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Remote farming towns in Abra more at risk to climate change

BANGUED, Abra(PIA)--  Farming towns far from the provincial capital are more vulnerable to the adverse effects of climate change. 

This is based on the results of the Climate Risk Vulnerability Assessment (CRVA) conducted by the Benguet State University for the Adaptation and Mitigation Initiative in Agriculture in Abra program of the Department of Agriculture.

Climate Risk Vulnerability Assessment (CRVA) project leader Dr. Lynn Talkasen shared to farmer leaders and municipal government representatives the results of the CRVA conducted under the Adaptation and Mitigation Initiative in Agriculture in Abra. (Photo by: JPM, PIA-Abra)

Project leader Lynn Talkasen explained that the study conducted in February 2023 showed that far-flung municipalities are more vulnerable to climate change because of their low adaptive capacity.
“Kapag titignan ‘yung adaptive capacity for all provinces of Cordillera except for Apayao, ay mga government centers lang ‘yung mataas ang adaptive capacity pero yung mga outskirts ‘yun ang mababa ang kanilang adaptive capacity,which contributes to their vulnerability to climate change,” she said.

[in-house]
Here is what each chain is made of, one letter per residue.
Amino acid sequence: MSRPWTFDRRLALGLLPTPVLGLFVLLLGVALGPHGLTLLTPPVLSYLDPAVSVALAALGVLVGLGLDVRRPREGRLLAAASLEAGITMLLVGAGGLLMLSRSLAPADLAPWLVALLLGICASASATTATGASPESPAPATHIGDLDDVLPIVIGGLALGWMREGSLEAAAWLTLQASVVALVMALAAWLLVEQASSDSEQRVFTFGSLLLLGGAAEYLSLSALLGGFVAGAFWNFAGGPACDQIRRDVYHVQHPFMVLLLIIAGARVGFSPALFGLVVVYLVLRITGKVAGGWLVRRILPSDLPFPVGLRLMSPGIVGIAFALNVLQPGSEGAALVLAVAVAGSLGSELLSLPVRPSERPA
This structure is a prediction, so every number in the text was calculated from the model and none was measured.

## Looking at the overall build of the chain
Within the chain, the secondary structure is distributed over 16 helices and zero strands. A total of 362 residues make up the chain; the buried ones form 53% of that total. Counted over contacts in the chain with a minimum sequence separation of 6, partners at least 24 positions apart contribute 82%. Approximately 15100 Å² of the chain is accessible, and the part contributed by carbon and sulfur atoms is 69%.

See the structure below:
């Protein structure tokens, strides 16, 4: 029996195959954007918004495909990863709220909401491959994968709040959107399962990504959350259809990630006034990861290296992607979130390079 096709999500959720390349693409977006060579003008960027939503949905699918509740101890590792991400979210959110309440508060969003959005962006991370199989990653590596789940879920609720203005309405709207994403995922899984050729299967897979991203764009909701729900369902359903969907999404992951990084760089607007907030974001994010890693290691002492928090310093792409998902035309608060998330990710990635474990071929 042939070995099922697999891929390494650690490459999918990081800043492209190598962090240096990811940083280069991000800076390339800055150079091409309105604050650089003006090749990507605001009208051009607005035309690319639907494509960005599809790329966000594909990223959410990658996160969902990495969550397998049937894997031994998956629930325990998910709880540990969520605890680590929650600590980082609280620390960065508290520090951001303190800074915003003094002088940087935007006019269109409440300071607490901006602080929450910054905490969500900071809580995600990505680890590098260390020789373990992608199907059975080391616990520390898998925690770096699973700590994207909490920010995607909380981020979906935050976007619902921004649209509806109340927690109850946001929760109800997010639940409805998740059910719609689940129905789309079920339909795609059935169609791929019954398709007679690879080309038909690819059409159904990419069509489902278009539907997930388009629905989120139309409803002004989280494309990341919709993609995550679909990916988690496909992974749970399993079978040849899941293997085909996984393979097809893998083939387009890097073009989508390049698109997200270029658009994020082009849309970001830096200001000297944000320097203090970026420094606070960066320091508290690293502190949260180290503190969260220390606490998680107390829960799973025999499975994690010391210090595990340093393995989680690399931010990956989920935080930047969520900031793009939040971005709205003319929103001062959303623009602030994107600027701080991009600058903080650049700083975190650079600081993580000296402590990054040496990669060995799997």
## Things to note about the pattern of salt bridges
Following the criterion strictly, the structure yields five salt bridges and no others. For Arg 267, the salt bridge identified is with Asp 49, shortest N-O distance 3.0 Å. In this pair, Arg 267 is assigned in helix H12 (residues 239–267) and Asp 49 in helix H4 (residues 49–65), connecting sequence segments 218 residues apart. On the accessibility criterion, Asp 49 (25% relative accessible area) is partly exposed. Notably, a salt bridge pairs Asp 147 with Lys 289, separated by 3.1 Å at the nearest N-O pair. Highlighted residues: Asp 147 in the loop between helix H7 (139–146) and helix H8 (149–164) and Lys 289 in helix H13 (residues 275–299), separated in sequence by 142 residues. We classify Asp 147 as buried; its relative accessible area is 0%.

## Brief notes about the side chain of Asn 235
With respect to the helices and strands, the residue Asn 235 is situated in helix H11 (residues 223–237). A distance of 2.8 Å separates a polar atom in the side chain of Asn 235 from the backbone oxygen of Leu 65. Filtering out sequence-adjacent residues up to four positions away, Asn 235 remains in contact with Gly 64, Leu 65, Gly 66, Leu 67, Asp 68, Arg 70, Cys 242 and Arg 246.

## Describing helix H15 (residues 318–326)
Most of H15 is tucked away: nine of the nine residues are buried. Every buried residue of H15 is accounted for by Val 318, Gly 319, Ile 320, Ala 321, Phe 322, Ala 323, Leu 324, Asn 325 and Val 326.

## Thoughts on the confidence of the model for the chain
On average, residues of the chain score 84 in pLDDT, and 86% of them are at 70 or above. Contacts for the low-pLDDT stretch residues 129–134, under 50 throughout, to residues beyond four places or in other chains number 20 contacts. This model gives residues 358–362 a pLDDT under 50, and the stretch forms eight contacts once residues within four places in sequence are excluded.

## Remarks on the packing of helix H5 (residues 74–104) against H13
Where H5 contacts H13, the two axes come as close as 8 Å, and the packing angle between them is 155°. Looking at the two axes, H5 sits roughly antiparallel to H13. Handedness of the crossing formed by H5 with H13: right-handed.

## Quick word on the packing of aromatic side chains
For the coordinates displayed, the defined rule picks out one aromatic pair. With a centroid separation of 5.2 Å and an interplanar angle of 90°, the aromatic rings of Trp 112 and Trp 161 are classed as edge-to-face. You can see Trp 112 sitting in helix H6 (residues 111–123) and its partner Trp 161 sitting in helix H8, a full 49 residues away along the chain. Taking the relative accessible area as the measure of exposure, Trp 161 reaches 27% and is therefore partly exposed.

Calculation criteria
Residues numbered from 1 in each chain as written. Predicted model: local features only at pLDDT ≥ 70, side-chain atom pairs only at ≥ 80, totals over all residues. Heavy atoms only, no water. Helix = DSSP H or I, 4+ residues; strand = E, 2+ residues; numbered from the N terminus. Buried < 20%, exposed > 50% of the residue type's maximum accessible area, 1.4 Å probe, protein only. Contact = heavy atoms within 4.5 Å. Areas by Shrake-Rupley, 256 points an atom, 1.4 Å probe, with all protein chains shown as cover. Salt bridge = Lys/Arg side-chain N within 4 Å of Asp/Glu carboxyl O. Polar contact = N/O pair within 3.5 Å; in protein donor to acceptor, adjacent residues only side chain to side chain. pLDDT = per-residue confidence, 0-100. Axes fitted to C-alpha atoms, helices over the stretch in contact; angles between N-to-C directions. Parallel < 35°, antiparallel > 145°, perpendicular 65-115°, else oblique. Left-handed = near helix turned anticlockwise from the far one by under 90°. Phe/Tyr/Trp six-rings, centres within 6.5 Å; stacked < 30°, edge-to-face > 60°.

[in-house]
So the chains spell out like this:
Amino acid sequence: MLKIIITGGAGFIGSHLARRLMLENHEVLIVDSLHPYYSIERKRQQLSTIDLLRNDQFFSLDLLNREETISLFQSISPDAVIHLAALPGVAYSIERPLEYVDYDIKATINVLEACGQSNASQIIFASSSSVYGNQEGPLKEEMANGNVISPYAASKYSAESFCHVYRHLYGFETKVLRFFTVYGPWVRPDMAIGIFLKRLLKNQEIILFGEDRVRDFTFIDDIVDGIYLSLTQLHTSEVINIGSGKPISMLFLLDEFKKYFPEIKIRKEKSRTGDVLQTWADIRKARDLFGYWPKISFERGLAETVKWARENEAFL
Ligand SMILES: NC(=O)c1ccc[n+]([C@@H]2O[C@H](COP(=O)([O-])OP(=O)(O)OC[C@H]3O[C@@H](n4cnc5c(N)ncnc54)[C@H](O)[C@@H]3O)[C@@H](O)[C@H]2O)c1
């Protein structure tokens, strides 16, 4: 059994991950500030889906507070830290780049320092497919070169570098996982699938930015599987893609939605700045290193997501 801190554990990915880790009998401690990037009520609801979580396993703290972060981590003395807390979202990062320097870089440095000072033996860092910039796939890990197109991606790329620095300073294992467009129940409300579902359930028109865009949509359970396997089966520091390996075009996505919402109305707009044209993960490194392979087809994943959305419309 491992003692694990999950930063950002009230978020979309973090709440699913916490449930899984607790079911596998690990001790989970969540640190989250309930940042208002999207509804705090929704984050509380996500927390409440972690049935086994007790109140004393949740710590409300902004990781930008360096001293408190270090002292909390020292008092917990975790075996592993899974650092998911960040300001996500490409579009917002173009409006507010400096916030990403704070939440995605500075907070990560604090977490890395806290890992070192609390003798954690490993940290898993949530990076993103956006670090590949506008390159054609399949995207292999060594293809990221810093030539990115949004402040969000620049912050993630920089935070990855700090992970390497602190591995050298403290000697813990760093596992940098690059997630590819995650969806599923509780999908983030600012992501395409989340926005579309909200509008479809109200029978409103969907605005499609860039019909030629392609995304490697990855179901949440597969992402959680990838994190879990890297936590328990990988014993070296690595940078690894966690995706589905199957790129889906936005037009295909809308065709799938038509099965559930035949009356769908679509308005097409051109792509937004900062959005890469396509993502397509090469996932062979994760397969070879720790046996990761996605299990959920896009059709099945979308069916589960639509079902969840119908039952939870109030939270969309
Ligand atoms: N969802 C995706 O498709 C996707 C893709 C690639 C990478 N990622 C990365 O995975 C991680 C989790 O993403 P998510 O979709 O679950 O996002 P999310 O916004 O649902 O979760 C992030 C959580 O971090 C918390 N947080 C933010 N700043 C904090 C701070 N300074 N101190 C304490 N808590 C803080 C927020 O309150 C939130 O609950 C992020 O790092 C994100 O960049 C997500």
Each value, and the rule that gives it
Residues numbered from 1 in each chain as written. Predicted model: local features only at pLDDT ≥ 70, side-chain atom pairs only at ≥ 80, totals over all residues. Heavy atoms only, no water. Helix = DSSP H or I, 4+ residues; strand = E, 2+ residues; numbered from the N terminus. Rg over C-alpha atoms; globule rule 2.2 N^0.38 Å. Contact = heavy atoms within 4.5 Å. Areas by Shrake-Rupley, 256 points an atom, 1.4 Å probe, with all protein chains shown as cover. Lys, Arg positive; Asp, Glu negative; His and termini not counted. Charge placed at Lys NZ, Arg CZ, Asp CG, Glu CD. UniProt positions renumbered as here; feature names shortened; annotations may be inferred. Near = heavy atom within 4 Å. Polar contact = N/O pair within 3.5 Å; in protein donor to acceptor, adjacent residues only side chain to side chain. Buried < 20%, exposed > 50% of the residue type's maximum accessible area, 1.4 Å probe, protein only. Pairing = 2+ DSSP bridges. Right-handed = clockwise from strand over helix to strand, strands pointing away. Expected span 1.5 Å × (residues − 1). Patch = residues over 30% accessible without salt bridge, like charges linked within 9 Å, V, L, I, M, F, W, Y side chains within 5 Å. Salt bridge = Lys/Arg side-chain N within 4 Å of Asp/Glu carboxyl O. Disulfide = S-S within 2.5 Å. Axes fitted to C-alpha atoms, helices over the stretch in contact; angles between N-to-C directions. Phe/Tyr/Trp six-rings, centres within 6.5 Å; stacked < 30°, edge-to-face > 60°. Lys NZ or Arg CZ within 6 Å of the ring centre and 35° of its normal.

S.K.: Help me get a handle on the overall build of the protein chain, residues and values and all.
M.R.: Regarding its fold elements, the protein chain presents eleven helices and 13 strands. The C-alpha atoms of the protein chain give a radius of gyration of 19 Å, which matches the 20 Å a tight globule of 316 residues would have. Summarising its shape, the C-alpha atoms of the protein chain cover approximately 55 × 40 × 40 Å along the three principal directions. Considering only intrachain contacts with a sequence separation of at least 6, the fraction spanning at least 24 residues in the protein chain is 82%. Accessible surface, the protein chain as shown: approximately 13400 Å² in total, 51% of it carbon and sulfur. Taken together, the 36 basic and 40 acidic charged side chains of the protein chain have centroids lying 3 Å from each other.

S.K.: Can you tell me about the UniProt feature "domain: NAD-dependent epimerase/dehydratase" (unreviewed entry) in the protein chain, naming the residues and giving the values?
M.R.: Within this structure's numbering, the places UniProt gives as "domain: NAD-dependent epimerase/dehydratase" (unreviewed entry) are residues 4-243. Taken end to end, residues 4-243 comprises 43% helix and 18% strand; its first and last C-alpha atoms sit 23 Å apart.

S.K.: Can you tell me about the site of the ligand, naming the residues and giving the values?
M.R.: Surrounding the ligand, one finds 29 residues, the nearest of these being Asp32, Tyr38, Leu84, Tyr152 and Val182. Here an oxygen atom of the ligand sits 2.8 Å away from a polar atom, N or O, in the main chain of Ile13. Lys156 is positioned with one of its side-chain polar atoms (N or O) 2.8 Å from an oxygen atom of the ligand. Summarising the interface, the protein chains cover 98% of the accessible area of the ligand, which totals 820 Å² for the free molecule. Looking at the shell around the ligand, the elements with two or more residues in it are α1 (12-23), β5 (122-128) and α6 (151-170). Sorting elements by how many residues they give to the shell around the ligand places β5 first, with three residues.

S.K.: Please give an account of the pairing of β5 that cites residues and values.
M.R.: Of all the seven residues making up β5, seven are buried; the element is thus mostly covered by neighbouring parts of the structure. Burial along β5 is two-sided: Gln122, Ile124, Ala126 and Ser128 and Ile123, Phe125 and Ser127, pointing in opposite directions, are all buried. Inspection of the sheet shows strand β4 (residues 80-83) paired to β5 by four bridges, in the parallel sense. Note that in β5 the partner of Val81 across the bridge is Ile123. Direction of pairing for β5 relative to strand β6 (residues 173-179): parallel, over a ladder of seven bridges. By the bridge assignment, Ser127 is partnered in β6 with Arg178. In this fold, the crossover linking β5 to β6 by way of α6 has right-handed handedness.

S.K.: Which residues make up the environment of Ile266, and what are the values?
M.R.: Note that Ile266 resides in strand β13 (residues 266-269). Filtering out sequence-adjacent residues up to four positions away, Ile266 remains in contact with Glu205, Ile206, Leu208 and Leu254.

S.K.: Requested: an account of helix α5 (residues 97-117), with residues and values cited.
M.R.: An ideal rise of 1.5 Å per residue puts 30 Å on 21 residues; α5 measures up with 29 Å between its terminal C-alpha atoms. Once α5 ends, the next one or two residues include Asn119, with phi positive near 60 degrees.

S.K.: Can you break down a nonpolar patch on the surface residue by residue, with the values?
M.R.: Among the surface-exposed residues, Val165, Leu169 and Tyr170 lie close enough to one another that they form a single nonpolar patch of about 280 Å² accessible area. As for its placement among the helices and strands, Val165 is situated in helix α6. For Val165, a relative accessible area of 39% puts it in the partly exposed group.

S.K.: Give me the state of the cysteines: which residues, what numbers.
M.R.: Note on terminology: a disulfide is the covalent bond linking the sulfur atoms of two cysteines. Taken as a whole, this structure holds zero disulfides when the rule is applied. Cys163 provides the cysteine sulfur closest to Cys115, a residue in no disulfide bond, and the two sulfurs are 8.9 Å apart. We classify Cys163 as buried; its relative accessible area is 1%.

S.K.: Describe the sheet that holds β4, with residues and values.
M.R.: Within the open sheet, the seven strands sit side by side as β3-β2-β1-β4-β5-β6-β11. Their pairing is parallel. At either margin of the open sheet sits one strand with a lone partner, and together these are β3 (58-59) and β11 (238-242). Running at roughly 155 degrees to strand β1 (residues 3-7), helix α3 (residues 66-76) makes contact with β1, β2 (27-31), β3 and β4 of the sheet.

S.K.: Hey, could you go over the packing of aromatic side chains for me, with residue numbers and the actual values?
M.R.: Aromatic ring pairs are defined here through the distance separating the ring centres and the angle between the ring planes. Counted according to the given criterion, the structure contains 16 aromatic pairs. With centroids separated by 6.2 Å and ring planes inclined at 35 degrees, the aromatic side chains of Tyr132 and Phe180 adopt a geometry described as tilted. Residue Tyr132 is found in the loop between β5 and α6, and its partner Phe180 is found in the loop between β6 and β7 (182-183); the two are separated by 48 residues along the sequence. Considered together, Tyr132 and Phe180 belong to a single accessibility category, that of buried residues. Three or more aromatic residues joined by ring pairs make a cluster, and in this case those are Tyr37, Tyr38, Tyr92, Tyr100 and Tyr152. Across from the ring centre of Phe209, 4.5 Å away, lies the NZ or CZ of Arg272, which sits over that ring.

Adaptive capacity is the ability of the community to adjust to the effects of climate change, and maximize opportunities to cope with the consequence of changes in temperature or precipitation.

Talkasen shared that the adaptive capacity of municipalities is affected by the interventions such as innovation and technologies in agriculture that farming communities receive.

“All over Cordillera, talagang vulnerable ang ating villages or municipalities sa climate change especially sa climate change adaptation is nakikita pa din natin yung impact ng mga government programs talaga,” she added.

Farming villages in or near the provincial capitals have more access to agricultural services and assistance,  as compared to those in the outskirts she said.

Aside from adaptive capacity, the CRVA also looked in the sensitivity of the priority crops in the province that include rice, corn, coffee, and mango. The sensitivity analysis looked into the suitability of the different crops to changes in temperature and precipitation.

The exposure of the different municipalities to climate-related hazards such as drought, flood, tropical cyclone, soil erosion, and landslide was also studied.

Sprawling rice fields in Barangay Mataragan in Malibcong, Abra where farming particularly rice production is among the livelihood of residents. (Photo by: PIA-Abra)

Talkasen said the results of the assessment that were validated during a recent dialogue with farmer leaders will be the basis for the prioritizing technological interventions for climate adaptation and mitigation in the municipalities of Abra.

She noted that allotting funds for climate-adaptive technologies and innovations especially in the towns far from government centers can help improve the capacity of farming communities to cope with the impacts of climate change by 2050.(JJPM-PIA CAR, Abra)

About the Author

Jamie Joie Malingan

Regional Editor

Cordillera Administrative Region

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